That’s not a world Malawi deserves, having contributed essentially nothing to the greenhouse gases accumulated in the atmosphere.Akshat Rathi writes the Zero newsletter, which examines human progress on a warming planet. You can email him with feedback.Like getting the Green Daily? Subscribe to Bloomberg.com for unlimited access to breaking news on climate and energy, data-driven reporting and graphics and Bloomberg Green magazine. Read and share this story on the web here.

Carbon Offsets: Do they Help?

Article by Patrick Greenfield in The Guardian

Patrick GreenfieldPatrick Greenfield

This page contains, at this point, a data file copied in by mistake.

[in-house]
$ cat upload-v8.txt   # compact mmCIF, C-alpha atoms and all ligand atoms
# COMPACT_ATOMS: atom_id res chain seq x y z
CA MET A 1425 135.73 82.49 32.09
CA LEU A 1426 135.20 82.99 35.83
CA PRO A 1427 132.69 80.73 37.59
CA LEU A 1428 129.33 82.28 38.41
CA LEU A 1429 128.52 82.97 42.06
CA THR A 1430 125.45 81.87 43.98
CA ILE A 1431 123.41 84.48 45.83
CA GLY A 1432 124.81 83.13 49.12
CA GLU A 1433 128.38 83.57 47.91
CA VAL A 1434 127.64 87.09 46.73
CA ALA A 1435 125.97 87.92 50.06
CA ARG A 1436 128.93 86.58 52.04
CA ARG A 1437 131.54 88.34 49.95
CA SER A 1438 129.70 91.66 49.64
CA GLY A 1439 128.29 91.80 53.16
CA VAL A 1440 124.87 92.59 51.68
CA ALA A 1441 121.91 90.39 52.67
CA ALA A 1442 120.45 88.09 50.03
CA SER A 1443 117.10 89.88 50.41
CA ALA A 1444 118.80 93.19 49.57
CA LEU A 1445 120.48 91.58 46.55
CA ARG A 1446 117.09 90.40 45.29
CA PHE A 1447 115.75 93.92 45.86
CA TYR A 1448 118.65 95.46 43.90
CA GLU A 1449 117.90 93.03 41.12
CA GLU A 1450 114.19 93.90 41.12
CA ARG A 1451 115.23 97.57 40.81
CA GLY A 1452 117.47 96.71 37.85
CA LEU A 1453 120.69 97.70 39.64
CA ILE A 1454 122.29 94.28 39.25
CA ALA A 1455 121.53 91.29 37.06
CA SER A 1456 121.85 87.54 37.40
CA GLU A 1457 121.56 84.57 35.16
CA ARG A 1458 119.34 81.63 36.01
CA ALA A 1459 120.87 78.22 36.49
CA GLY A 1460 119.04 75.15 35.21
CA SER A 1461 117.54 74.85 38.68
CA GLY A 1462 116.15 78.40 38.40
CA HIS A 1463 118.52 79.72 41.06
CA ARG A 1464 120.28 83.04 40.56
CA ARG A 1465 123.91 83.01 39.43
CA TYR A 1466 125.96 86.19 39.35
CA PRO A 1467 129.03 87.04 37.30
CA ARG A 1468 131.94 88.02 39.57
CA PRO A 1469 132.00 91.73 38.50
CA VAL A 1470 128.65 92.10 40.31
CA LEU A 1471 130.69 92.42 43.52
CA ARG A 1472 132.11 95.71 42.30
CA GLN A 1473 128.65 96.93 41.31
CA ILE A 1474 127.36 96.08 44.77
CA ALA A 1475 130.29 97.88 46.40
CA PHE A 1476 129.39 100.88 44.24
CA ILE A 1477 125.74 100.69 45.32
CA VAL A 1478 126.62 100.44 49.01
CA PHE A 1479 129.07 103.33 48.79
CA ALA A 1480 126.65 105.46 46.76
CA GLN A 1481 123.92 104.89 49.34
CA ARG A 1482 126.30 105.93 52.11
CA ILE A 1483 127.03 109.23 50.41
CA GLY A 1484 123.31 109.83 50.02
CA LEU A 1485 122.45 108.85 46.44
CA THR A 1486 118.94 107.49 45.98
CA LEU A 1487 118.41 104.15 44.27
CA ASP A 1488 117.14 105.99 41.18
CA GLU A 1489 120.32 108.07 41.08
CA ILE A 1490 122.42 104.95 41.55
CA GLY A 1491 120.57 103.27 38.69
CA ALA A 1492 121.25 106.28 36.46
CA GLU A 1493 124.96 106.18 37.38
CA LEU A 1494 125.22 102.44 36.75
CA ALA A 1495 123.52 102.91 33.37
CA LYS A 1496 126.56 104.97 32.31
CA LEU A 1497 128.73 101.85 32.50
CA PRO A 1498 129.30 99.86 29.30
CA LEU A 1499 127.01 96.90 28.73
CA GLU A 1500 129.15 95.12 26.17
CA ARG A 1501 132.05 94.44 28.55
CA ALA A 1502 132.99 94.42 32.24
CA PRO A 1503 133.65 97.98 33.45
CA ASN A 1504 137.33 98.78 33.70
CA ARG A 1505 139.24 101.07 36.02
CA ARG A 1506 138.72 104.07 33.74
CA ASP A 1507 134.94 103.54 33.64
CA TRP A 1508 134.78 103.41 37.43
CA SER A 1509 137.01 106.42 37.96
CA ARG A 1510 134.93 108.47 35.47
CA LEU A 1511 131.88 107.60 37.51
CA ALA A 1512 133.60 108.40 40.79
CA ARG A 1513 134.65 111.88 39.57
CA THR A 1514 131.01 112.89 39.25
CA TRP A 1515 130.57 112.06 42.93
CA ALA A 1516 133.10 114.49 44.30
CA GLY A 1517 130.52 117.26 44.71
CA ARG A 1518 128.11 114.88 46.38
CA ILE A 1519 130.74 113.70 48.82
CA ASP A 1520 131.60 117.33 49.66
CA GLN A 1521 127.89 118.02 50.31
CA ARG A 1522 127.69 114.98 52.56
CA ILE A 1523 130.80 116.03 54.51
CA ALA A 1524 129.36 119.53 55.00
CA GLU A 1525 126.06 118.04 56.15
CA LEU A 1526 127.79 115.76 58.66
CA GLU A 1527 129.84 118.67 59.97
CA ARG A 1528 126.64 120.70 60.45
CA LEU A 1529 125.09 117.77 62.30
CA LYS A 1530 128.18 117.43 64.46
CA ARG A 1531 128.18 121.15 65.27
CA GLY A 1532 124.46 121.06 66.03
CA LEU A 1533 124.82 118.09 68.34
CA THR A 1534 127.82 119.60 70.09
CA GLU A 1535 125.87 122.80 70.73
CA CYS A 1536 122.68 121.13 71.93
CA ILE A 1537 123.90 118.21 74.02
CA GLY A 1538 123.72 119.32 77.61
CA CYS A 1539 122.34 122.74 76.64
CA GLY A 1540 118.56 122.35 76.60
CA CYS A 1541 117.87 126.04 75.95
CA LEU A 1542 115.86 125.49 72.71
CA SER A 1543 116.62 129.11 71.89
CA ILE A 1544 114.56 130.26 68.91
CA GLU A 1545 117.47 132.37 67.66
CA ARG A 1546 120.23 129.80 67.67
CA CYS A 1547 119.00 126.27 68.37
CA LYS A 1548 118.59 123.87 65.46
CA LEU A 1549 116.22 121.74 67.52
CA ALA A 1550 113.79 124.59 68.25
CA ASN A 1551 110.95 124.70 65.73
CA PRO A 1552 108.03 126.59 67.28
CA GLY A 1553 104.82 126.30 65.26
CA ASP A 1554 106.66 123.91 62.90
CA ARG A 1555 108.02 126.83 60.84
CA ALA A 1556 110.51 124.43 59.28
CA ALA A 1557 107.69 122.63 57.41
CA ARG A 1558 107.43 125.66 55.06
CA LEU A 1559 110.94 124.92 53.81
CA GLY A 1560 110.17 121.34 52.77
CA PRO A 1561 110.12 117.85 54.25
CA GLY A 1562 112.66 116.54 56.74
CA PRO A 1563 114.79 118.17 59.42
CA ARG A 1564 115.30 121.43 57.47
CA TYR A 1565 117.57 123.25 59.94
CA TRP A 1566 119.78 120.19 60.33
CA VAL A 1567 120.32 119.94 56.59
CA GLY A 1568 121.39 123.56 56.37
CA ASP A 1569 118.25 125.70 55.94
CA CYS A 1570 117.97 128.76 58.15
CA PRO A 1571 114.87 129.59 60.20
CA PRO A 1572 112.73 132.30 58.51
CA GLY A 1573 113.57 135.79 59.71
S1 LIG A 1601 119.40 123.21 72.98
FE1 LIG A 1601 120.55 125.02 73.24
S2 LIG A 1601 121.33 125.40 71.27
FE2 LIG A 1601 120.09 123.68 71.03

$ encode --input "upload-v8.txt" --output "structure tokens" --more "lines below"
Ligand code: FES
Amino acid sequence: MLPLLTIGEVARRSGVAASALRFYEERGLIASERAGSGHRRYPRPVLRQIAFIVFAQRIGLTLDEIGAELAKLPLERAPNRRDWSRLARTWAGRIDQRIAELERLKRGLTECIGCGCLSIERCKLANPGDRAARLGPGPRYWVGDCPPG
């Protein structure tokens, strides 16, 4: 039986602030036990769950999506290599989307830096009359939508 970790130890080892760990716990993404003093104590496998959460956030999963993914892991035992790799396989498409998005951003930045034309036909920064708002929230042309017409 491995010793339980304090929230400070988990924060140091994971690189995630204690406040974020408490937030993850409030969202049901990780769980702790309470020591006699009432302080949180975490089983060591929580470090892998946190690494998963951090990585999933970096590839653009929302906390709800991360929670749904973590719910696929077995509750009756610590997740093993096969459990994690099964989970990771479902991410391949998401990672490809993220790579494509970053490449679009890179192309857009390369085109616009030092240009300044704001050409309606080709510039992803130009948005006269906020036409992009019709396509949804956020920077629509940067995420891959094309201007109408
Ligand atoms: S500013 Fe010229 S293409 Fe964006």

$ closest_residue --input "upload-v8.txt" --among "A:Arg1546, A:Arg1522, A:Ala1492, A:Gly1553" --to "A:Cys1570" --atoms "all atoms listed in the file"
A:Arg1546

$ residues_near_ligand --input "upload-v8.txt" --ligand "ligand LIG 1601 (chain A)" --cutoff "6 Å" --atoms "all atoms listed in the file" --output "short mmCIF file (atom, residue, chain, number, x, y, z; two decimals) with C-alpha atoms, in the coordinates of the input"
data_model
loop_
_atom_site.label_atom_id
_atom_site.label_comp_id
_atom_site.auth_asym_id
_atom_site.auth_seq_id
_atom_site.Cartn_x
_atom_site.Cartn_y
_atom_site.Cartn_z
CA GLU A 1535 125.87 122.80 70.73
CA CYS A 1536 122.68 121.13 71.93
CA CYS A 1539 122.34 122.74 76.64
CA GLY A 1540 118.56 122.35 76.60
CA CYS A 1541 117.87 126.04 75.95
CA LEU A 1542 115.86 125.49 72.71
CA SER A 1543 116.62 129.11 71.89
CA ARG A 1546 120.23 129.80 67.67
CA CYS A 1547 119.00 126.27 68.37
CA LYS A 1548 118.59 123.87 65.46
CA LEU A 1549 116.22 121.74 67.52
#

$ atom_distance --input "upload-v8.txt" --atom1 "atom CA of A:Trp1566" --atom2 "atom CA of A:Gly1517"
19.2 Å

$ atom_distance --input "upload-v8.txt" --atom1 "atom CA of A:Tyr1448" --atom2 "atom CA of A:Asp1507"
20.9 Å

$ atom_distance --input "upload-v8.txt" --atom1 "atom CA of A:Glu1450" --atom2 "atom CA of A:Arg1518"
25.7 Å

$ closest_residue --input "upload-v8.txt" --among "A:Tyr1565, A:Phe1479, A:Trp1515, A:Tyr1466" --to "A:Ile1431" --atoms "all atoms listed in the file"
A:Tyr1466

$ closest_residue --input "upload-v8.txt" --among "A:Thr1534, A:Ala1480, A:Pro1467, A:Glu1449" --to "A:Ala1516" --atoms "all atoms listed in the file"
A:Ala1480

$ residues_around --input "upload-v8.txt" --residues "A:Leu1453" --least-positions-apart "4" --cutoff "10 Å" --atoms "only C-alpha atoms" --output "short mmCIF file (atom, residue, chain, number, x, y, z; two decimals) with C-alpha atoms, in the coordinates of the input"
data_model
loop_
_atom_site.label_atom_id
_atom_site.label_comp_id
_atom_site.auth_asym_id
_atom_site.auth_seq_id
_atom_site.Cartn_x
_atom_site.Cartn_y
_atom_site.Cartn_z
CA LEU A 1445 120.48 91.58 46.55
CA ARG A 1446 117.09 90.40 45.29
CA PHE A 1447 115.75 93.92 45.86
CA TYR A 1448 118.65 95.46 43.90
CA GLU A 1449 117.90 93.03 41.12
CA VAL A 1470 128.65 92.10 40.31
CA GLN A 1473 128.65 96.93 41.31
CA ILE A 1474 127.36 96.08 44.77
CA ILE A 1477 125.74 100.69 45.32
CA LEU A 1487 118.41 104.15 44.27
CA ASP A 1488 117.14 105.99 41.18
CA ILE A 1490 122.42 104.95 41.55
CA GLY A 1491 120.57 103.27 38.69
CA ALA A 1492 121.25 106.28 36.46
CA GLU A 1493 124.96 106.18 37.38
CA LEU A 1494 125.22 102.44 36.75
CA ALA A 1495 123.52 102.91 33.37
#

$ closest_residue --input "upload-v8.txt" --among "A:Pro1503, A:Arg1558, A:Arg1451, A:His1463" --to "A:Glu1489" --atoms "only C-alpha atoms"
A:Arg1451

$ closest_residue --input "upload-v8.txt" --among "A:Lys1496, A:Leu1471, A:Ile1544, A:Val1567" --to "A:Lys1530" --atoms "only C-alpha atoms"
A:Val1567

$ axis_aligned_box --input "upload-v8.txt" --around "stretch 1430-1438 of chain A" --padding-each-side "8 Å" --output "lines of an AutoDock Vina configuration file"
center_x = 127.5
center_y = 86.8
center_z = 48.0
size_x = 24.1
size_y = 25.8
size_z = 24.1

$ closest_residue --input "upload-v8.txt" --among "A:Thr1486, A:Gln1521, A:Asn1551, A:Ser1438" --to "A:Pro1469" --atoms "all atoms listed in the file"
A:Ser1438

Our investigation into rainforest offsets approved by Verra, the organisation that operates the world’s leading carbon standard, was driven by a simple question: are the carbon credits trustworthy?Protecting the world’s remaining tropical rainforests will be crucial to meeting biodiversity and climate targets this decade. These ecosystems are home to some of the largest concentrations of life on Earth and the territories of numerous Indigenous communities who have repeatedly been shown to be the best stewards of nature. Conserving carbon-rich rainforests will require large amounts of money, improved governance in developing countries and changes to our economic systems.Nature-based offsets have been presented as a way to fund their protection while providing money for rural and Indigenous communities who live in forests and other important ecosystems, all paid for those who pollute.These credits are often used to substantiate the “carbon neutral” adverts we see everywhere: you can fly carbon neutral, eat carbon neutral ice-cream, watch a carbon-neutral TV programme and even make your entire life carbon neutral by paying for offsets, in theory cancelling out the emissions from greenhouse gases heating the Earth’s atmosphere, all for a few pounds, dollars or euros.But our joint investigation with the German weekly Die Zeit and SourceMaterial, a non-profit investigative journalism organisation, indicates the current system is broken.Based on analysis of a significant percentage of the Verra’s rainforest protection projects, more than 90% of their rainforest offset credits – among the most commonly used by companies – are likely to be worthless “phantom credits” that do not represent genuine carbon reductions. Verra strongly dispute these findings, arguing the conclusions reached by the studies are incorrect, and questions their methodology. The company point out their work since 2009 has allowed billions of dollars to be channelled to the vital work of preserving forests.In Peru, we found evidence that a flagship scheme operated by Conservation International and the country’s national park service had divided local communities and led to forced evictions of residents in the protected area.We spoke with Indigenous communities from across the Amazon who warned they were being targeted by “carbon pirates” by western businesspeople who want to setup more offsetting schemes.From Greta Thunberg to the office of the UN secretary general, the reaction to our nine-month investigation has been one of shock and incredulity. There are no easy answers about what happens next.Through the logic of offsetting, carbon is the main value of everything. The core finding of the investigation is that there are deep flaws in how we calculate the carbon value of conservation projects, not that they provide no benefit at all.For some, the investigation’s findings are yet more proof of a bad idea making climate change worse, while others acknowledge flaws but are fearful of the consequences of losing an important source of funding for conservation.Carbon markets are part of the Paris agreement and the unregulated voluntary sector is unlikely to disappear as more and more corporations make net zero commitments. However countries choose to respond to the environmental crises of our time, experts have repeatedly warned it must be science-based.“Many carbon offsetting claims are not real. This has to stop! We must ensure high integrity demand and supply on carbon and biodiversity,” said former WWF head Marco Lambertini in response to our findings.“Companies may compensate only for absolutely unavoidable impacts, after exhausting all avoidance and mitigation options.”